New Year Resolutions for Parents

photo (4)We had a dinner party a few days ago (because we concluded that our lack of babysitter meant we were NEVER EVER getting out of the house, so we would bring people to us!), and one of the guests was a real New Year Resolution type of gal. She believes, as do I, that it is possible to change your life (if you want it enough).

Then I remembered that last year, I had in fact made some resolutions with Jinny Ditzler’s Best Year Yet book. I found the crumpled piece of paper stuffed into the front of my 2012 diary; so lets see how I did (hides behind computer monitor):

Learn enough German to speak to Missy M’s teacher

Ho hum. Another year, another language goal, this time tangled up with parenting guilt. I can speak to the teacher, but with a great deal of arm waving, Google translate service on my iPhone, and the teacher remembering random English words. 

Get on time to stuff with Missy M

This covers one of parent’s major sources of stress – how to get your children out of the front door, with all equipment, all clothing on and on the correct limb, and actually arriving on time, with sanity intact. It was mine too. With the added bonus of the Swiss Cultural hangup about time. So I bought a bigger watch, and now run the mornings like a military exercise (but without the shouting). 

So what Parenting New Years  Resolutions would I like to work towards this year?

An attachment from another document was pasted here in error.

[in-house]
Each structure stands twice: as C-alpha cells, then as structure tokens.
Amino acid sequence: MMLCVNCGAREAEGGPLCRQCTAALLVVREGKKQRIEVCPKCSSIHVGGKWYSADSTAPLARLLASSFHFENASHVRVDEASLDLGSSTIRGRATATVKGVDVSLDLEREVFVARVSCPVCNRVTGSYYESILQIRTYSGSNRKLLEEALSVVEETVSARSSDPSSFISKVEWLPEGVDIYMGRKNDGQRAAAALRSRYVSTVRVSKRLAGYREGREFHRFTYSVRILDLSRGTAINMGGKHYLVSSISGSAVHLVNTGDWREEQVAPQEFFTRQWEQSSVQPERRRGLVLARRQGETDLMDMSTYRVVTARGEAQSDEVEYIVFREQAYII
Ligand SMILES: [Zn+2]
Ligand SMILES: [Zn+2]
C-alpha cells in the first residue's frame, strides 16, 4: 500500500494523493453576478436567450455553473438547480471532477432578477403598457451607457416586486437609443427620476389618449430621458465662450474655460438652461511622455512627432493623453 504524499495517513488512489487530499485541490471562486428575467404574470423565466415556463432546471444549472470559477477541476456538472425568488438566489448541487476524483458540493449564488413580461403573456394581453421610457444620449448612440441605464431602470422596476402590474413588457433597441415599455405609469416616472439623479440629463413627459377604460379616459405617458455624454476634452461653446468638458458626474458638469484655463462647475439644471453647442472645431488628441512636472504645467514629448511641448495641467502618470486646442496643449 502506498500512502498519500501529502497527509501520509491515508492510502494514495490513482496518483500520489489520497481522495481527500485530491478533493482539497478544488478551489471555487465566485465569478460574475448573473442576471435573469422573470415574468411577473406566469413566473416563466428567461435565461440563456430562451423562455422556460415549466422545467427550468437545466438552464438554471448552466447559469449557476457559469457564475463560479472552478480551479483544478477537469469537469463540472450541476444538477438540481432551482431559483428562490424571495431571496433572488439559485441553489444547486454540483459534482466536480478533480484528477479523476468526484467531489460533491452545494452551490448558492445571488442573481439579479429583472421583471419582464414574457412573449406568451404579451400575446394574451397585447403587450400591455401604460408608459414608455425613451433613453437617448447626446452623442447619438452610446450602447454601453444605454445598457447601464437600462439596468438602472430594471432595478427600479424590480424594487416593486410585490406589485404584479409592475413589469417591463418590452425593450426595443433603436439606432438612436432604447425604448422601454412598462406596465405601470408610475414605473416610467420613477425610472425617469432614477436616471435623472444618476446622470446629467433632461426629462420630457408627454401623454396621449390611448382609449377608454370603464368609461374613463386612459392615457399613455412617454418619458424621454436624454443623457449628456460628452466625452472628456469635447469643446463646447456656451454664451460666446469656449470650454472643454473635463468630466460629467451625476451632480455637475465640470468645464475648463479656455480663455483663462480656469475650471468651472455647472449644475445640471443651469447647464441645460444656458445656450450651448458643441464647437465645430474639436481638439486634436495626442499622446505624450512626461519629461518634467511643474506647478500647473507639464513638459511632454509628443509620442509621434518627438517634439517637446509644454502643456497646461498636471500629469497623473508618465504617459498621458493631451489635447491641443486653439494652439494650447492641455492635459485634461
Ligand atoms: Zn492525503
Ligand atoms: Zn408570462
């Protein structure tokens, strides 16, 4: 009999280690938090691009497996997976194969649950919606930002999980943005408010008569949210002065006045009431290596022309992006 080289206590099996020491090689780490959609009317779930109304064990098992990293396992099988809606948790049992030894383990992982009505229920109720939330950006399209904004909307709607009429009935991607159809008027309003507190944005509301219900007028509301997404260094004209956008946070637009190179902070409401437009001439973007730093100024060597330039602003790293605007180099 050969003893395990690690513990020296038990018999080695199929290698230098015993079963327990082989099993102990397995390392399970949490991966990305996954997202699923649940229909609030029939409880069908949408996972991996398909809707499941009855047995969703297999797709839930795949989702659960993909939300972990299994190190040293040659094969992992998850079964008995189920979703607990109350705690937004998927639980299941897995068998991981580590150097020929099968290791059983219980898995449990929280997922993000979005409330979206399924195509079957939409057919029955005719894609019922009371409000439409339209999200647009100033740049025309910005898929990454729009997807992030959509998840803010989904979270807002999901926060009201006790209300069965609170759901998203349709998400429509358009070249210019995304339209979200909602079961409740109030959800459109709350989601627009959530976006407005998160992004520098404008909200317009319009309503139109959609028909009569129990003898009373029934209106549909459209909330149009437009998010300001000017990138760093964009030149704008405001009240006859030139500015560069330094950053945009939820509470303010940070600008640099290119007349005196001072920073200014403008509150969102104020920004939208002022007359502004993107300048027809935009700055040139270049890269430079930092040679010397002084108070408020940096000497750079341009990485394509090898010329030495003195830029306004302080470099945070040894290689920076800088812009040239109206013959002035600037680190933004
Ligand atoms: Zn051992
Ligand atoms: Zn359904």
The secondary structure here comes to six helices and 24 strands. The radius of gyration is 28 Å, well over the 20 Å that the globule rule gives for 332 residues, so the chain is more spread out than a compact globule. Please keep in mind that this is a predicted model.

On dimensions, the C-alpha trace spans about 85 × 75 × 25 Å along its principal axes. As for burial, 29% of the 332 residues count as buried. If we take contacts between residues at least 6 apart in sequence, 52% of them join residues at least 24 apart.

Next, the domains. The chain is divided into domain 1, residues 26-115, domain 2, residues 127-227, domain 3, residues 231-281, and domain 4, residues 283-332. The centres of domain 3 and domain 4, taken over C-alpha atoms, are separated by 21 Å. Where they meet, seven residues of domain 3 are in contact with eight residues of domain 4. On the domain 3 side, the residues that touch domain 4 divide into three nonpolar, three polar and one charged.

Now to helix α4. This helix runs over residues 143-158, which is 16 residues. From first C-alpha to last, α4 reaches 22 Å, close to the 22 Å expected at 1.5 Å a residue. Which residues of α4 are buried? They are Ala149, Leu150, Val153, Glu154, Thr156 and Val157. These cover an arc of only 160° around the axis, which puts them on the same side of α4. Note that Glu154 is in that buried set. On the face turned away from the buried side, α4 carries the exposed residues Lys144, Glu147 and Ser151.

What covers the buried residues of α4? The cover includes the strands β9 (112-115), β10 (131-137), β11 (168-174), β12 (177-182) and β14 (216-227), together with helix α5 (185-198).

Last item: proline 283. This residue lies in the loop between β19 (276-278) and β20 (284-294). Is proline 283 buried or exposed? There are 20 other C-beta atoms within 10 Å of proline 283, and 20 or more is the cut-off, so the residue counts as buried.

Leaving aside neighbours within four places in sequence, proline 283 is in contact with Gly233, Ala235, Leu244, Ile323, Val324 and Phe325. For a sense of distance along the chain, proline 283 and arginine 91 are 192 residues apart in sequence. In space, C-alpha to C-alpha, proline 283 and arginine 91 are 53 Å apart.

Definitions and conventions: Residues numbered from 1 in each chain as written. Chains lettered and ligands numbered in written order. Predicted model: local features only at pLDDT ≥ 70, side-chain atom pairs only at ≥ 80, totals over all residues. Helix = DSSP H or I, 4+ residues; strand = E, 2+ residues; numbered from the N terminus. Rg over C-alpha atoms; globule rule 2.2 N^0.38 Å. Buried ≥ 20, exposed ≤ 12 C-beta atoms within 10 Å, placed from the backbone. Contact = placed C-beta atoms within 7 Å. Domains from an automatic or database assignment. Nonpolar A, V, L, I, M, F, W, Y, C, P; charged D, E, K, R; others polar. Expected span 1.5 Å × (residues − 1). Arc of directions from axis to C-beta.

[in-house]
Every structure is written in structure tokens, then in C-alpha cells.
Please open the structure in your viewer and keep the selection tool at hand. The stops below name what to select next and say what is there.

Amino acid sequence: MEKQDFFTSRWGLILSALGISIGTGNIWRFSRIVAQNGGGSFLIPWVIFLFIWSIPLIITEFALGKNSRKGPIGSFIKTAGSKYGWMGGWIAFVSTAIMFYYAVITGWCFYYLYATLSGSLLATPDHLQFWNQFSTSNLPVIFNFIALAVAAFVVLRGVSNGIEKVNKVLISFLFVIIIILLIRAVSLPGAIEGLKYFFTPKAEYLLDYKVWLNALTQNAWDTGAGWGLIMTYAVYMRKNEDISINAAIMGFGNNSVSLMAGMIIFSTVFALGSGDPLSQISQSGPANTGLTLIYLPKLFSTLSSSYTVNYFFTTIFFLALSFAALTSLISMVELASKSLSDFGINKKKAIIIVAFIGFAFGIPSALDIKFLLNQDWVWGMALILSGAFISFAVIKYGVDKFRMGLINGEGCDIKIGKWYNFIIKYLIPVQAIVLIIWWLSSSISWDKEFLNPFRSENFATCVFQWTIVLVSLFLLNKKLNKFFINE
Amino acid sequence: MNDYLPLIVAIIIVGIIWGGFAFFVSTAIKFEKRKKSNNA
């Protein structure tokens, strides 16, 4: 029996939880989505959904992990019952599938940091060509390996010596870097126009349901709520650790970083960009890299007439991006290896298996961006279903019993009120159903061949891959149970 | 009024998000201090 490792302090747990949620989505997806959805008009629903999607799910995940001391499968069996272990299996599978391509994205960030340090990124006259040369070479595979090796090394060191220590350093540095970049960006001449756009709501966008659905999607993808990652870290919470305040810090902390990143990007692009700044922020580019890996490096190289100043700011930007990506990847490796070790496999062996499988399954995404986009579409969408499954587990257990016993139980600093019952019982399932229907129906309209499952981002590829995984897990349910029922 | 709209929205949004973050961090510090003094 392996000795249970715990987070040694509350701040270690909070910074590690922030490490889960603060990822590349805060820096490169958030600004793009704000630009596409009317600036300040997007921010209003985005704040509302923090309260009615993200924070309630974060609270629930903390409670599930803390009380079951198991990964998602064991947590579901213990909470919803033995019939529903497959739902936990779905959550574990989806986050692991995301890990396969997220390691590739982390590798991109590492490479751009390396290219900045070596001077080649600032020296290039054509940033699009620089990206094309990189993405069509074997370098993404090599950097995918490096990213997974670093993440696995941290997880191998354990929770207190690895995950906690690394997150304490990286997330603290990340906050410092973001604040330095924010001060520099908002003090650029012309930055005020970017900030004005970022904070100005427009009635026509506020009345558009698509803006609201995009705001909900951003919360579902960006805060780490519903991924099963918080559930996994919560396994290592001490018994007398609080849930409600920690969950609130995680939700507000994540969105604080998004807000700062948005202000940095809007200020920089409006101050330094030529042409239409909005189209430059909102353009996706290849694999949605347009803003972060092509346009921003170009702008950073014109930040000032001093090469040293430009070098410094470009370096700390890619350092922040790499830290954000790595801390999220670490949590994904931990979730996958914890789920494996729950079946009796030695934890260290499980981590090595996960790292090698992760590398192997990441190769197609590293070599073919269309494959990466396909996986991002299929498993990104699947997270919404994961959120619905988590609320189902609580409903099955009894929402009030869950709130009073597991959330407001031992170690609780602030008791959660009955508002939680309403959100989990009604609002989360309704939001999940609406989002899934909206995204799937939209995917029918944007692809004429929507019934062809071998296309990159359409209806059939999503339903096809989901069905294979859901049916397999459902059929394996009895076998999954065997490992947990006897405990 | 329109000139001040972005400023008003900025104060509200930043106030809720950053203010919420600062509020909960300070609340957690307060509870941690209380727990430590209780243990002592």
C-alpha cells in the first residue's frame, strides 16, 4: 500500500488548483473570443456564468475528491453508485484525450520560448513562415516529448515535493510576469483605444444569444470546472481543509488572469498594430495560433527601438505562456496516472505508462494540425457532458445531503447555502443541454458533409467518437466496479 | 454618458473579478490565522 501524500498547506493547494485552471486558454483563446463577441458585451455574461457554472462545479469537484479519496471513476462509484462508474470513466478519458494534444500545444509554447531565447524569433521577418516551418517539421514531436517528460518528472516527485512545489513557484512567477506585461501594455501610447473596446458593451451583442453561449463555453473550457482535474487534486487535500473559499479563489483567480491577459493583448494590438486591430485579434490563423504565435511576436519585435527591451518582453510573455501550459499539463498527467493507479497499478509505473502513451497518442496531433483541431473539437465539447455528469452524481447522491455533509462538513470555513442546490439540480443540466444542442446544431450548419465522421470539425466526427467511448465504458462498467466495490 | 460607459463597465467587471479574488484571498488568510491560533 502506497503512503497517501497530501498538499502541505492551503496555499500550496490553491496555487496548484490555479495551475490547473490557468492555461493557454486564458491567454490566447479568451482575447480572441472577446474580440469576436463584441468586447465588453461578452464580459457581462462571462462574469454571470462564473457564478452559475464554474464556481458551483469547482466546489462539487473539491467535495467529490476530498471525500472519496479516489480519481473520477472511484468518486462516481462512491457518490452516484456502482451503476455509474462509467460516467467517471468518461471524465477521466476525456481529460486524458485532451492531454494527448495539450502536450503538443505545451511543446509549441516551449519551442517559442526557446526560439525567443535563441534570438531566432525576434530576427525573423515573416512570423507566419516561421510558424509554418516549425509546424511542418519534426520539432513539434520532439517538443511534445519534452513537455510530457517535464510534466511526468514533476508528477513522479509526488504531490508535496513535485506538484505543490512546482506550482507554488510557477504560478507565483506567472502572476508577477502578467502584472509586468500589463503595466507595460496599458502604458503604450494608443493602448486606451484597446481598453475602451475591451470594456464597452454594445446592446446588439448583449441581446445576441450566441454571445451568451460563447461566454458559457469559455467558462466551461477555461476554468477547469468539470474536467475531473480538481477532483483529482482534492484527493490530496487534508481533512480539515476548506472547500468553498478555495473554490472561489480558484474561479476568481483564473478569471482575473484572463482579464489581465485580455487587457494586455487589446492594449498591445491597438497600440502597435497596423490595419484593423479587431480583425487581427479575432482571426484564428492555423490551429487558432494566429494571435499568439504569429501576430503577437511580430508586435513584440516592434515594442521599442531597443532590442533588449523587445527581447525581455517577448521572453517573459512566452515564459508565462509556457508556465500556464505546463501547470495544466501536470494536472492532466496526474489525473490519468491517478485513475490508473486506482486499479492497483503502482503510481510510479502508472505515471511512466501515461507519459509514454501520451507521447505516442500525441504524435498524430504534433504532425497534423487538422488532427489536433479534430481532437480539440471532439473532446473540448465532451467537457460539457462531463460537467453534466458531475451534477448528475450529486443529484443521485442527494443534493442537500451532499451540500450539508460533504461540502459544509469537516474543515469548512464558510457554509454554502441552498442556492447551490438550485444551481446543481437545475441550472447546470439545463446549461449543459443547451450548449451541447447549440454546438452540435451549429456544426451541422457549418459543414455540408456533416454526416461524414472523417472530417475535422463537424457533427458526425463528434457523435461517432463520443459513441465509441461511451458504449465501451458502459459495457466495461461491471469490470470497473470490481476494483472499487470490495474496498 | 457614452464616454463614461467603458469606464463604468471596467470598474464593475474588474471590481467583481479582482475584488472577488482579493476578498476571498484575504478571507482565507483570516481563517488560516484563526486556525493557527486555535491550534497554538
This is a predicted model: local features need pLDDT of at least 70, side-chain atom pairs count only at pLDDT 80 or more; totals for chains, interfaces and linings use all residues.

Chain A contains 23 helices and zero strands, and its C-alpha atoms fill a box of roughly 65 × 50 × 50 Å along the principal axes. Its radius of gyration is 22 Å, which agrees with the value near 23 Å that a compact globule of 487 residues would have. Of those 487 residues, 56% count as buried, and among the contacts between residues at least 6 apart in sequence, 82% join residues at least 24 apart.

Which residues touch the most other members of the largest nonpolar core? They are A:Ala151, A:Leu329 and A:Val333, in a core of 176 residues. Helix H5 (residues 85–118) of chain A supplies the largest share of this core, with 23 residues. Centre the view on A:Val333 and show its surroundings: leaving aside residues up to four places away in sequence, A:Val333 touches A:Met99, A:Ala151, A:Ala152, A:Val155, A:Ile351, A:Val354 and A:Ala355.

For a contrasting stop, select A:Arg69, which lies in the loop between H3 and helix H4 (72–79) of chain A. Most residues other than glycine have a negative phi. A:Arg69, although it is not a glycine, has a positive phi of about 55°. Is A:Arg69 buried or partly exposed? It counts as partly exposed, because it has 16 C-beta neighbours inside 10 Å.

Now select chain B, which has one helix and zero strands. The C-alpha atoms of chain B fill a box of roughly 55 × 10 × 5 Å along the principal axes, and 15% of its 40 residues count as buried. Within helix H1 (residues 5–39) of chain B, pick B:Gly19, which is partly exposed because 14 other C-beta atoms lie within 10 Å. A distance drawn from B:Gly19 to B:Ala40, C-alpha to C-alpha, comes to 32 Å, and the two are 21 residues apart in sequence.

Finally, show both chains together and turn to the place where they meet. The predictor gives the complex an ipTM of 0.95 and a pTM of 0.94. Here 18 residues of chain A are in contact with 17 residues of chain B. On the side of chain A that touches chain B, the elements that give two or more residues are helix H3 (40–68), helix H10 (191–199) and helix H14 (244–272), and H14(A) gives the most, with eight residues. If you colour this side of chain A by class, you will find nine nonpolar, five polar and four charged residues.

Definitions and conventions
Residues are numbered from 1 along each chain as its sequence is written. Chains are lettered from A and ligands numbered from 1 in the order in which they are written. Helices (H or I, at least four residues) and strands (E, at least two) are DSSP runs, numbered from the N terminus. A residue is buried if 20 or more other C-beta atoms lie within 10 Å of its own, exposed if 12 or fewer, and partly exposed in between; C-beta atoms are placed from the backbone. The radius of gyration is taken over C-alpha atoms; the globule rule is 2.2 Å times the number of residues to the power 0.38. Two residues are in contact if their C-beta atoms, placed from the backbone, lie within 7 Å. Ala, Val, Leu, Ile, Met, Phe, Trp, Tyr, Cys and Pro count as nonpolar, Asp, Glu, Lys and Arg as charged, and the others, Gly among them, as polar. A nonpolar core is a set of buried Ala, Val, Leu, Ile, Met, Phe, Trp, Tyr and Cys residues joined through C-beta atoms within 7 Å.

– To listen more than I talk
– To not always need an explanation for behaviour, but look for the feeling behind it
– To wait before opening my mouth – usually the first witty retort is not the best response!
– To continue the great battle to get to Kindergarden on-time


So what are your Parenting New Year Resolutions for 2013?


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  1. ooh yes, I could add the listen more than I talk one to my list as well. Happy New Year!

    • Happy New Year!

  2. Very nice resolutions! Have you read “How to talk so kiss will listen and listen so kids will talk”? Seems inline with what you are thinking.

    • I adore that book (as you can clearly tell)! It really puts the emphasis back into listening, respect and relationships. Having a relationship with your child, just as you would with anyone, is key. The missing elements from the book, in my opinion, is those precious milliseconds between seeing a behaviour and reacting. It’s that gap that I find the real learning takes place. We can learn to say nice stuff, with nice techniques, but what gets me out of bed in the morning is the potential for a system wide change to happen for a parent: Where stress within parent is transformed.

    • When I am tired or stressed, by first goto is to want to snap. That’s one of the reasons why I work on listening first (shutting my mouth!!!!) to give me a bit of distance so the tired and cranky me doesn’t come out to play.

  3. Getting out of the house by 7:05 at the latest so I can get my daughter to daycare and myself to school without stressing out. Which might also include another resolution of getting her to bed earlier. Hmm. Worth a try. 🙂
    Kesi Brooke recently posted…Pets and Peeves of Children’s ProgrammingMy Profile

    • I have certain goals within the time of Missy M waking up, me drinking coffee and then getting out the door: at this time she must be dressed, by this time mummy must be dressed. Then time doesn’t start to fight back at the same time Missy M kicks up a fuss about the wrong coat or wrong boots.


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